I thought, what can it hurt?  In all the protocols I have tried over the years this was cheap.  So- I ordered some.  Again, what could it hurt?

I started taking it on a Friday.  Friday the 13th.  I mix one tablespoon with water in the morning and at night.  (If you consume this, you need to drink plenty of water throughout the day and take the DE away from food...)

So I started taking this on Friday.  And on Sunday.  I passed a liver fluke.  Parasite number one.  It was this thrill between being excited I have proff I'm killling stuff in my body that doesn't belong there vs. being incredibly grossed out.

*Insert Pause here* In the lyme world, many people do coffee enemas.  They are a great way to detox. Many of my friends have done them, and do them religiously, but I couldn't bring myself to try it for three years.  Then, I finally decided I'd give in.  I ordered my kit.  My kit arrived and it sat briefly in the house and cursed me everytime I walked by it.  I was not motivated at all to try it.  I would've...but I was working up to it.

But on THAT Sunday.  The Sunday that I passed the liver fluke...I was completely motivated.  I boiled my coffee got it all ready and did my first coffee enema.  (That is a whole story in and of itself.  Comical and painful all in one. Another day perhaps.)  Anyway, after the coffee enema, I passed LITERALLY HUNDREDS of parasites.  Not just a few.  Hundreds.  Hundreds.  When killing bacteria we just hope, our meds are working.  Ya know?  We don't have any proof.  When killing the parasites, they are there.  You can SEE them.  And again, it's this crazy feeling of excitement, you are killing these nasty things reaking havok on your body AND being incredibly grossed out that all those things are living inside you.  GROSS!!!!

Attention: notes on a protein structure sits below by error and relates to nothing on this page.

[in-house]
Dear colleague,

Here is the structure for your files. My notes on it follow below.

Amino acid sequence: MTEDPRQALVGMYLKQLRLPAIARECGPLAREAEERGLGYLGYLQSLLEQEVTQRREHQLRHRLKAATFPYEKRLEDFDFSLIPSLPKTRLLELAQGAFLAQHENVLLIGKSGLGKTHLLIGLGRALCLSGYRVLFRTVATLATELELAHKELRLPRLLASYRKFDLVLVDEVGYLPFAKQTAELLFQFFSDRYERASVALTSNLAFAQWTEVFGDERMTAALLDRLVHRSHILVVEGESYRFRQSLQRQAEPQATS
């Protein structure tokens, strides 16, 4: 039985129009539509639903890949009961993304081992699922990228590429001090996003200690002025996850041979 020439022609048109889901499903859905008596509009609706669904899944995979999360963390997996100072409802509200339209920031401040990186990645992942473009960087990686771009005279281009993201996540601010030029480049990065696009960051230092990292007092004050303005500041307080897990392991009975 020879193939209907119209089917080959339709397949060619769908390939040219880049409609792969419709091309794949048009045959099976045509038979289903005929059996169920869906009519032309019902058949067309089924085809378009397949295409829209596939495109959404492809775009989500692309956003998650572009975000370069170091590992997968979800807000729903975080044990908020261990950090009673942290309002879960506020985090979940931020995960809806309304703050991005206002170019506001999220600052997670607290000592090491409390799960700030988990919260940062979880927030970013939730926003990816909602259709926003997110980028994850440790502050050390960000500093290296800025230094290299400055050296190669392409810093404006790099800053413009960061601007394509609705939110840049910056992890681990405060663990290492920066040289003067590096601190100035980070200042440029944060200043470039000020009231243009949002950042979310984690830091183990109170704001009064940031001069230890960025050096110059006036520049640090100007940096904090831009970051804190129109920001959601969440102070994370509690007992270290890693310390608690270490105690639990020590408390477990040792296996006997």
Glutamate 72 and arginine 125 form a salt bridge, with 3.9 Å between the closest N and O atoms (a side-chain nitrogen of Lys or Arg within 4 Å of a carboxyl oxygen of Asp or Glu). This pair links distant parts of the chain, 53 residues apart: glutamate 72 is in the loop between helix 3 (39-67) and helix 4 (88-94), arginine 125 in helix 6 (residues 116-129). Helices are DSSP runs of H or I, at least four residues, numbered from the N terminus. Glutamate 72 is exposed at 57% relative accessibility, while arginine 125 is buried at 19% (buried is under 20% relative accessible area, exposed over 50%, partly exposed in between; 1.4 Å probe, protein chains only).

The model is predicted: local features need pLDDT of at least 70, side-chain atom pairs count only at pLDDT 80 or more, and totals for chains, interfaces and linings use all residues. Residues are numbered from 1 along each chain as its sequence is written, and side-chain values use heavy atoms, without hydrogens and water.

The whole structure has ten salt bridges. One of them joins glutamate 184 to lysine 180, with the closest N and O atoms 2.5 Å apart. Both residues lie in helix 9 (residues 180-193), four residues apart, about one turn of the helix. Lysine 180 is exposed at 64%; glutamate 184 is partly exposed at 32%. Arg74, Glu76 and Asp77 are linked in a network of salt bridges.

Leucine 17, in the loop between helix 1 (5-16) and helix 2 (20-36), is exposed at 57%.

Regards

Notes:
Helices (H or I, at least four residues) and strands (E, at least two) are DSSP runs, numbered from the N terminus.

Food for thought...Parasite eggs are on 75% of salad bars in the US.  If you have eaten at a salad bar, chances are you have parasites.  Also-parasites can live in your body for up to 30 years.  Some even say 50!!!  Parasite eggs are virtually everywhere.

The DE kills the parasites.  The silica from the DE acts like little shards of glass to the parasites and shreds them, meanwhile, it is fine enough that it is safe for our consumption.   The coffee enemas pull the remnants of the parasites out of your body at a much faster rate.  Remember I passed one, on my own.  Yet, when I did the coffee enema, hundreds came out.  

I've been doing this for 11 days now.  I am passing parasites on a daily basis.  On the days I do coffee, I get a lot more.  I am constantly grossed out and excited.  Everytime I think I don't have any more, then here they come in my next passing.  Crazy!

I have read that if I do this for 90 days without missing a dose then I will have killed all of my parasites.  This covers all life cycles apparently.  Anyway, then, after the 90 days, I will be on a preventative dose the rest of my life.